BLIND opposition to the opinions of other parties can never strengthen democracy. For the good of the people, a government must consider every worthwhile policy. According to Mamata Banerjee, all the policies adopted by the previous government are wrong. She has the final say in every decision even if it harms the people's interests. She is surrounded by those who do not have courage to state their own opinions. If a government is run like a one-man army, how can there be democracy?

THE people of West Bengal brought the Trinamool Congress to power hoping for a change but are now feeling frustrated by the government's actions, which are as whimsical as they are disgraceful. Democracy offers scope for a spectrum of opinions. Valid criticism provides the government an opportunity to rectify wrong policies.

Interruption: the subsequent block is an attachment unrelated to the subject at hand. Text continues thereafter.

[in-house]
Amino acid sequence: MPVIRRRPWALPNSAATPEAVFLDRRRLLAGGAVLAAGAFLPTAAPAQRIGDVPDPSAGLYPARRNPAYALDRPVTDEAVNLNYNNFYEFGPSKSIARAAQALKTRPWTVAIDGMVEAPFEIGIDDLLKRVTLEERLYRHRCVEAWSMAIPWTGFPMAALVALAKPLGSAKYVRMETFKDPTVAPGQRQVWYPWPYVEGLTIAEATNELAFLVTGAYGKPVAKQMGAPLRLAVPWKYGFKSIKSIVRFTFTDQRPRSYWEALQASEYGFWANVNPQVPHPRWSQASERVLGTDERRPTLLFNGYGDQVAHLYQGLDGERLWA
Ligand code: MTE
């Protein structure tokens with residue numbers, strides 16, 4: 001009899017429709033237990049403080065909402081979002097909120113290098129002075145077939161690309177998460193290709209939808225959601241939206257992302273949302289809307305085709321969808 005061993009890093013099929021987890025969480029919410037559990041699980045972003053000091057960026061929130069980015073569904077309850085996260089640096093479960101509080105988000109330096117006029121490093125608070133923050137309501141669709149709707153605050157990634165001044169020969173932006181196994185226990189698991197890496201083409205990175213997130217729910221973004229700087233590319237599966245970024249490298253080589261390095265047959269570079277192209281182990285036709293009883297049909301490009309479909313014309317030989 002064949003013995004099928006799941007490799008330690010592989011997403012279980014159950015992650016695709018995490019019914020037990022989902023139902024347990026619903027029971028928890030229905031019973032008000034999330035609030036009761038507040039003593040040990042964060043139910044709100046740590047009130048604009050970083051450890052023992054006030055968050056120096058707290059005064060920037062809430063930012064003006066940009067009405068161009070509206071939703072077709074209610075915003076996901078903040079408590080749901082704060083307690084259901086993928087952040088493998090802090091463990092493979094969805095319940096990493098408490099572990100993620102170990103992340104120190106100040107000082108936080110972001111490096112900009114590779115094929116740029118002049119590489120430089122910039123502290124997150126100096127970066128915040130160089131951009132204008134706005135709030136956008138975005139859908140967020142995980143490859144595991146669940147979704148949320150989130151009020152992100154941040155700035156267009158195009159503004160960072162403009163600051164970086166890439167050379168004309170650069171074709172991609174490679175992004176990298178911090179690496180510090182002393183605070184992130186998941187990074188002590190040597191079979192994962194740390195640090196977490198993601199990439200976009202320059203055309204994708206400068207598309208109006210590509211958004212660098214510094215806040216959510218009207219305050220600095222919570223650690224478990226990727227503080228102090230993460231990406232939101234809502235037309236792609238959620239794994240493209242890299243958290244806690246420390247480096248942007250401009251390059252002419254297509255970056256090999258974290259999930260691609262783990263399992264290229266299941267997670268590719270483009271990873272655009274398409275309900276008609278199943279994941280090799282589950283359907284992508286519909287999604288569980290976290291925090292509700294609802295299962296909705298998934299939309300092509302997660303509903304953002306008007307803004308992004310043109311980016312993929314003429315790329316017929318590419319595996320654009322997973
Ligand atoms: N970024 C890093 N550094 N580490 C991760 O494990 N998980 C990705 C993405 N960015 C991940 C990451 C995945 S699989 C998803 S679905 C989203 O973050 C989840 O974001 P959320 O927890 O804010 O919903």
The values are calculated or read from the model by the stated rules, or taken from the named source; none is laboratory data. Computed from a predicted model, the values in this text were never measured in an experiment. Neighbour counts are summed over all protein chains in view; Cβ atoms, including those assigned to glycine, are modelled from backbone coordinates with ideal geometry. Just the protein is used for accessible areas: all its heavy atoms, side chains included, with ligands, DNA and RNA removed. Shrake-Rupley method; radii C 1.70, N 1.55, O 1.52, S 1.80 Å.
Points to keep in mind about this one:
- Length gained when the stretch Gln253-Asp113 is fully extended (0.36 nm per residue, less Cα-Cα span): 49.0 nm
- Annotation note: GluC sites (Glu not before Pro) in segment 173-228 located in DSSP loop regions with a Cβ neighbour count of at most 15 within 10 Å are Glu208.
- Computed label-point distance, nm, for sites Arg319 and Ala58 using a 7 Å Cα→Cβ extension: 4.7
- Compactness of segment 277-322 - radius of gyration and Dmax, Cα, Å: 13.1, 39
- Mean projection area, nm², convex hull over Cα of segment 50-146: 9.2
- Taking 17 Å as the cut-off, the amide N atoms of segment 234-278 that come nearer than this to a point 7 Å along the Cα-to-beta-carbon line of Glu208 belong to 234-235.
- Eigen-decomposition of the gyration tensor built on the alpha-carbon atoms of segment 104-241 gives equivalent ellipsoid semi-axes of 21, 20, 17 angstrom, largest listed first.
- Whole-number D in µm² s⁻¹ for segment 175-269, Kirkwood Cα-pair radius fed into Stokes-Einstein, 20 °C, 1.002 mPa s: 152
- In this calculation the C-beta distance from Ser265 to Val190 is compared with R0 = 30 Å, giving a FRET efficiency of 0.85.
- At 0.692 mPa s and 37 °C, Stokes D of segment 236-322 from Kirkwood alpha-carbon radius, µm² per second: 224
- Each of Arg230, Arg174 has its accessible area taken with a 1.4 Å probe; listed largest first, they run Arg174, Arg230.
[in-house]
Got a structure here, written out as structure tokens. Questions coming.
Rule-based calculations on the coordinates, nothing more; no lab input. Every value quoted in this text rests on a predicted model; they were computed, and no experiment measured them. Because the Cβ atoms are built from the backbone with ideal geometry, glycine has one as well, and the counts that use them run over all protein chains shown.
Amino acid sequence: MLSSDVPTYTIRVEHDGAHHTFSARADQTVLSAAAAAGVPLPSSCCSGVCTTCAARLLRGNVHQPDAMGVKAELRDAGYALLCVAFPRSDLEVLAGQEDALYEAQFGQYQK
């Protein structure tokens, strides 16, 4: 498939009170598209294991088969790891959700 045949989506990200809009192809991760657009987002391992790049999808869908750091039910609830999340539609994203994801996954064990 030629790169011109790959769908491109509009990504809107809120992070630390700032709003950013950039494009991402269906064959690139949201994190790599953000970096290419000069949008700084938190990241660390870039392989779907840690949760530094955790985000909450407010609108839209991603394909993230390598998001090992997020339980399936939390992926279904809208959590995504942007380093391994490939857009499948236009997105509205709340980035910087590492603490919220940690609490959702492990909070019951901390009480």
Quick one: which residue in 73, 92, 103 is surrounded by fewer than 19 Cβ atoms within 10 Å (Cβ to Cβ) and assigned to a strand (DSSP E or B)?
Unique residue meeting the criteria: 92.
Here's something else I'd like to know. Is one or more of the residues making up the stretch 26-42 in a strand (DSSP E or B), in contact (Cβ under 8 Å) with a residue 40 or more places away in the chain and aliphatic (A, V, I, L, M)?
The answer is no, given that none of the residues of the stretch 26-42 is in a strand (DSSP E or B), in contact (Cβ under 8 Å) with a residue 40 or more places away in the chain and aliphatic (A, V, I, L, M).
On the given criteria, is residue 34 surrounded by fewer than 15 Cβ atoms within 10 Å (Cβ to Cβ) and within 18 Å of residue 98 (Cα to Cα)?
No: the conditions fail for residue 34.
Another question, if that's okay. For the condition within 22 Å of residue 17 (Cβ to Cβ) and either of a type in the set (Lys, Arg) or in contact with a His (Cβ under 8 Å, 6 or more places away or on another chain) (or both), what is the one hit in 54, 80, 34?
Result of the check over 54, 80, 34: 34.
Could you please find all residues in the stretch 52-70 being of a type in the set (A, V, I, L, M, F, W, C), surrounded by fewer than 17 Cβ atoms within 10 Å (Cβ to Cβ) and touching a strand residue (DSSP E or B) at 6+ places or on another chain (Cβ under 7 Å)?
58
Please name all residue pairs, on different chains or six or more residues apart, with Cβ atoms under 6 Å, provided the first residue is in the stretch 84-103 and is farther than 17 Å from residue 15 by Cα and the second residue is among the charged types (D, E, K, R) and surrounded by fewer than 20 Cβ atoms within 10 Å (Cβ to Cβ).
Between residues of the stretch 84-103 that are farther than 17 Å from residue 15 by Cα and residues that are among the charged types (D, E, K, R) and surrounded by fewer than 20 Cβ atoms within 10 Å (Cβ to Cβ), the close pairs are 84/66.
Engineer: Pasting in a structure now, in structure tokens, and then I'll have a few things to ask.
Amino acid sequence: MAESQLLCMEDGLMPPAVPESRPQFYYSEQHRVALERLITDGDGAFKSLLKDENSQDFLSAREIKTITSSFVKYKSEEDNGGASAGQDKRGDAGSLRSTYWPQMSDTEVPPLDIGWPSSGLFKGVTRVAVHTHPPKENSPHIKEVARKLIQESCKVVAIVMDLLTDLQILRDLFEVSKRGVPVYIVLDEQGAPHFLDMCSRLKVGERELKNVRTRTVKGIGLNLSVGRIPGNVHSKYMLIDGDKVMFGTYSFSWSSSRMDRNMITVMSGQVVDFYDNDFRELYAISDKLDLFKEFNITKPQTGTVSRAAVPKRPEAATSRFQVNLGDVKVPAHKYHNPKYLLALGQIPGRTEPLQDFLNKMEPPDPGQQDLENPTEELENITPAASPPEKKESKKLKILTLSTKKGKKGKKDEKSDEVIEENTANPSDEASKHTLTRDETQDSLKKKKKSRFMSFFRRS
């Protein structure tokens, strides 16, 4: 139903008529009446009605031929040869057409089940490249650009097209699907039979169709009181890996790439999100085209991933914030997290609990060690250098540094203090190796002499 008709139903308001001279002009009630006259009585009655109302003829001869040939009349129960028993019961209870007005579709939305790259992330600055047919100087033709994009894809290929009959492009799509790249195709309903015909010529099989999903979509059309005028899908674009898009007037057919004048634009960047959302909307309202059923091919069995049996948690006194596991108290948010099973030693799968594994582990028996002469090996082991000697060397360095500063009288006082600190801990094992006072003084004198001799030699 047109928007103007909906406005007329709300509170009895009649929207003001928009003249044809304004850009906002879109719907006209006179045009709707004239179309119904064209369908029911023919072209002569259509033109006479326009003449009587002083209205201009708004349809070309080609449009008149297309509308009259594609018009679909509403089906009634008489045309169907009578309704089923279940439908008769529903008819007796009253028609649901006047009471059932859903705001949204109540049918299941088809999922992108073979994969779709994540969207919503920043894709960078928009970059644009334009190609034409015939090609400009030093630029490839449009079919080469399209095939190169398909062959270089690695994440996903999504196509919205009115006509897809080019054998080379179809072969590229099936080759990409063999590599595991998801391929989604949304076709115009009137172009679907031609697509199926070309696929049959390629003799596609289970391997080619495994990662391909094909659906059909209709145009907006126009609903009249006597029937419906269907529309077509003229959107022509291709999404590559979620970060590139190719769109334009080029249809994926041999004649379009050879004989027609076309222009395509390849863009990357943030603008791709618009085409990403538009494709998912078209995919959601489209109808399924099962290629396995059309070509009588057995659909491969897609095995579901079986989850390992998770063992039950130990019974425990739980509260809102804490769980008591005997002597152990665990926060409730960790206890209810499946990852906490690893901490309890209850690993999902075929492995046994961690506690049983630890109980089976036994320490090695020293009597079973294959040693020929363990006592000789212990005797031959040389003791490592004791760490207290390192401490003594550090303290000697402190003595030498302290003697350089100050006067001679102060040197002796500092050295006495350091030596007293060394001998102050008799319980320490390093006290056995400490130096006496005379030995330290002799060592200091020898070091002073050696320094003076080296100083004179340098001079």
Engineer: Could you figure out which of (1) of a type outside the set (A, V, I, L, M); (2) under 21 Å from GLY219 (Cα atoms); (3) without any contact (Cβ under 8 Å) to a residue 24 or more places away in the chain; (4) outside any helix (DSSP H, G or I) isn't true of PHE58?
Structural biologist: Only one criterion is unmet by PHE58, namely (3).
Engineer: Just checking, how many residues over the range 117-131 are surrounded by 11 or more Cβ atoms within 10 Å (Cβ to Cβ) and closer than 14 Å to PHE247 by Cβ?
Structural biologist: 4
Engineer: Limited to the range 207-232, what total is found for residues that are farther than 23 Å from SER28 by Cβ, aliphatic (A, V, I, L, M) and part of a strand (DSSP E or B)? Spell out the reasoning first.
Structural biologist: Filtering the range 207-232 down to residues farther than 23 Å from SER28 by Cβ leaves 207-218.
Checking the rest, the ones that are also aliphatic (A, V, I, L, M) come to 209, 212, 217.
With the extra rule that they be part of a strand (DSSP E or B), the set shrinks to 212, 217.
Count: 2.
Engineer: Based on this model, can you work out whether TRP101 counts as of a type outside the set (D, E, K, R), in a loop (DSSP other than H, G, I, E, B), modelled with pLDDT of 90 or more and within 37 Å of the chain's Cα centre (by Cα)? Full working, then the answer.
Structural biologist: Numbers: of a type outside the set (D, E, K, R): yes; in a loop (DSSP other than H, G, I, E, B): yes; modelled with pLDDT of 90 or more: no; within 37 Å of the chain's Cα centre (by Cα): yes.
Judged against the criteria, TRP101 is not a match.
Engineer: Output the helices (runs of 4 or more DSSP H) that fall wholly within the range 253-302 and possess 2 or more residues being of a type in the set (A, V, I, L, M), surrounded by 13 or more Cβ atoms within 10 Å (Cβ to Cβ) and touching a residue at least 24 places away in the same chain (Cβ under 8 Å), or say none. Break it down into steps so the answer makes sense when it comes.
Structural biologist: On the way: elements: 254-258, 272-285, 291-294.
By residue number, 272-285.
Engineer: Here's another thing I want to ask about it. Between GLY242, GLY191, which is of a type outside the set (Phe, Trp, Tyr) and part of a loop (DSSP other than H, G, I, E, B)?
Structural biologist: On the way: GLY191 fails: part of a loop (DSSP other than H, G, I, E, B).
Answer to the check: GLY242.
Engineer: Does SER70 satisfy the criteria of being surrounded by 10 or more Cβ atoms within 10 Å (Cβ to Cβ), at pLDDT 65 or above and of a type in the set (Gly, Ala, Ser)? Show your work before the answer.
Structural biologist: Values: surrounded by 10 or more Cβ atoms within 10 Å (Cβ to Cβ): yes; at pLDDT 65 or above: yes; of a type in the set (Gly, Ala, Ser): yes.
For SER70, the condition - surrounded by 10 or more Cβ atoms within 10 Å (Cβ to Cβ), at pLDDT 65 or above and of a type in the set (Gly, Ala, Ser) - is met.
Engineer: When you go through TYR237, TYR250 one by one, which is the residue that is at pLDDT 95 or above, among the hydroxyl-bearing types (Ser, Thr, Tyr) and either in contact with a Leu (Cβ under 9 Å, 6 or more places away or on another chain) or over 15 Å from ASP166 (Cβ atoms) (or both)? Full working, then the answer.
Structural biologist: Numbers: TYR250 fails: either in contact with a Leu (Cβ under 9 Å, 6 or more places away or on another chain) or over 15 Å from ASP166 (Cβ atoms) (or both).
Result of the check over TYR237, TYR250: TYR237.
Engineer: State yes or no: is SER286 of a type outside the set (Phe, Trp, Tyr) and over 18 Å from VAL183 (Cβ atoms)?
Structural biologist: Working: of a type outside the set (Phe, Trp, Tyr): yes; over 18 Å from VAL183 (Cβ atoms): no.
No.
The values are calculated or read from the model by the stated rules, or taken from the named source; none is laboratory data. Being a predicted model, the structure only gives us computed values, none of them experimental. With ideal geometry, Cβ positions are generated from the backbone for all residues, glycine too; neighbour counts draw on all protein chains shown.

WHILE there has been little improvement in the fourth most populous State of India, Mamata Banerjee's authoritarianism and arrogance are coming to the fore. Every problem she encounters is blamed on the 34-year-old Left rule.

THE Cover Story gives the real story of West Bengal. The Chief Minister complimented herself on having already achieved 90 per cent of what she had promised to do in five years. But after my recent visit to Kolkata and other places in the State, I cannot agree with her self-certificate. The people want to know whether her promises also included banning certain newspapers from public libraries, rewriting of history books and a ban on social mixing? Did she promise that cartoonists and professors would be arrested? Did she promise that dedicated IPS officers would be unceremoniously transferred?